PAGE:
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Today was the big day, the impetus for the whole trip to Sri Lanka, the wedding ceremony of Kim’s friend Sarmi to her fiancée Khalid.
The ceremony lasted from about 8:30 to noon and was nothing like a ceremony I’d ever seen. Indeed, even now that I’ve had a few days to process it and Wikipedia it, I don’t have a clue what happened. It was a beautiful chaos. Up on the brightly decorated stage were Khalid and Sarmi and a varying multitude of 15 to 30 other people at any one time, looking sort of like the couple of honor’s colorful and multi-aged rap posse. Some were dressed in western clothes, others in more traditional robes, and some shirtless with some body paint. There were also about five photographers who took the prized positions at the front of the stage, thus blocking the majority of the proceedings for us and making our understanding of the proceedings additionally challenging. In the glimpses seen around the photographers’ asses, there was chanting, circling around small flames, the throwing of flower petals at the newlyweds, blessing with water, all the while a Sri Lankan or Indian band played some music. During the slower periods, some people on the stage pulled out their cell phones to attend to other pressing matters.
Meanwhile, the couple hundred or so in the audience only paid cursory attention to the proceedings. They talked amongst each other and were served various forms of refreshment throughout. We were told later that the ceremony was traditional for Tamil Hindus, Sarmi’s family’s ethnic group. Khalid’s family on the other hand is Sri Lankan Muslim and he was born and raised in the US, so he seemed as uncertain of what was going on as we were. Of course, he was on some powerful painkillers for a seriously injured back, so maybe that played a part.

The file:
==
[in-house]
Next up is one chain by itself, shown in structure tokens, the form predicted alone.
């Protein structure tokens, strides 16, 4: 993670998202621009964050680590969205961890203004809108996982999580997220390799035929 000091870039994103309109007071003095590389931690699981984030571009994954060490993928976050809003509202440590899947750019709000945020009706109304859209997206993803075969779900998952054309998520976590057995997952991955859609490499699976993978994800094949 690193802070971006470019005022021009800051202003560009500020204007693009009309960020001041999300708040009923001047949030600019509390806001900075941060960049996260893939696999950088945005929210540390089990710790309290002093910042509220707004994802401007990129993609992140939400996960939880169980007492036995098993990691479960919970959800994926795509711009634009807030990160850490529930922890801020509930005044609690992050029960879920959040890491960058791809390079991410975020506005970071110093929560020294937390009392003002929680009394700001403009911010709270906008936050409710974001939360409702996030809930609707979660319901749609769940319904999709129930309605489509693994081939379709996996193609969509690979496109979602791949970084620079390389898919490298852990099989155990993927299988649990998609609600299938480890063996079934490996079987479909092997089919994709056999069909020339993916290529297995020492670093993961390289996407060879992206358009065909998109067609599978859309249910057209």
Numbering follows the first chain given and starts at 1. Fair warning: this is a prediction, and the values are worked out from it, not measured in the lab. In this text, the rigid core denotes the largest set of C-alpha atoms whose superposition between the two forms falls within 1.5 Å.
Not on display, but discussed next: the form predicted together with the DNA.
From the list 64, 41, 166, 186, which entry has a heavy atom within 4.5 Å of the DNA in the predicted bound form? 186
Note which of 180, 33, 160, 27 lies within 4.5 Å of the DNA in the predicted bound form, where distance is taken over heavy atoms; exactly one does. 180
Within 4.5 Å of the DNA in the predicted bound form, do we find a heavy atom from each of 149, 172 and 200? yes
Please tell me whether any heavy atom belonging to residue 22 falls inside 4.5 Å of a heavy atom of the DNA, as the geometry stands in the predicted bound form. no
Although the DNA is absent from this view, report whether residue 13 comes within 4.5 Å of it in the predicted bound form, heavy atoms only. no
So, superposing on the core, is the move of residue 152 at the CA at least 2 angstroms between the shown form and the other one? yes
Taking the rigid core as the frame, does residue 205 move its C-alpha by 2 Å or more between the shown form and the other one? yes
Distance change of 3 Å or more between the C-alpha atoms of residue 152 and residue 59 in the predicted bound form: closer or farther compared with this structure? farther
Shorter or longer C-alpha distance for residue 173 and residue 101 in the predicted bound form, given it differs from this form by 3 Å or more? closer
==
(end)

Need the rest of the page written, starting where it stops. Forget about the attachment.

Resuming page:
After the ceremony came to an end, we were invited to a fantastic buffet of vegetarian Sri Lankan cuisine. Sarmi’s father said that a Sri Lankan wedding is judged by its food, so in order to express our appreciation we ate ourselves silly.
In the evening, we went to the Mount Lavinia Hotel to celebrate the birthday of our friend Laura, who had also come to Sri Lanka for the wedding. Just like everywhere else in Sri Lanka, despite being decidedly upscale the prices at the hotel are very reasonable. We smoked shisha there for only 1000 rupees ($8) and bought a whole cake for another 1000.
Jutting out into the sea and facing up the beach towards Colombo, Mount Lavinia Hotel was a spectacular setting for what turned out to be a practically hurricane-force monsoon. It was our first rain of the trip, and man did it rain. We suspected the wind and rain were particularly fierce even for Sri Lankan standards, as glass was being blown away and smashed all over on the hotel’s covered terrace. We braved it out outside as long as possible, but eventually us and some other hardy locals had to beat a retreat to the safe confines inside, from which we could watch the storm and the waves pound the city of Colombo. It was quite the dazzling show to celebrate Laura’s birthday.
- If going to a specific address in Sri Lanka, be sure to get physical points of reference (e.g. a couple blocks past the Hilton Hotel in Colombo 5) as well as the actual address. We were only given the address for the ceremony, which led to a wild and stressful shit-show of a tuk-tuk adventure around Colombo looking for the place.
- Be sure to know if and when Poson will occur during your stay and plan accordingly if you, like me, like to enjoy an alcoholic beverage (or few) every day while traveling. Alcohol consumption is ok during this period, but it is not sold anywhere.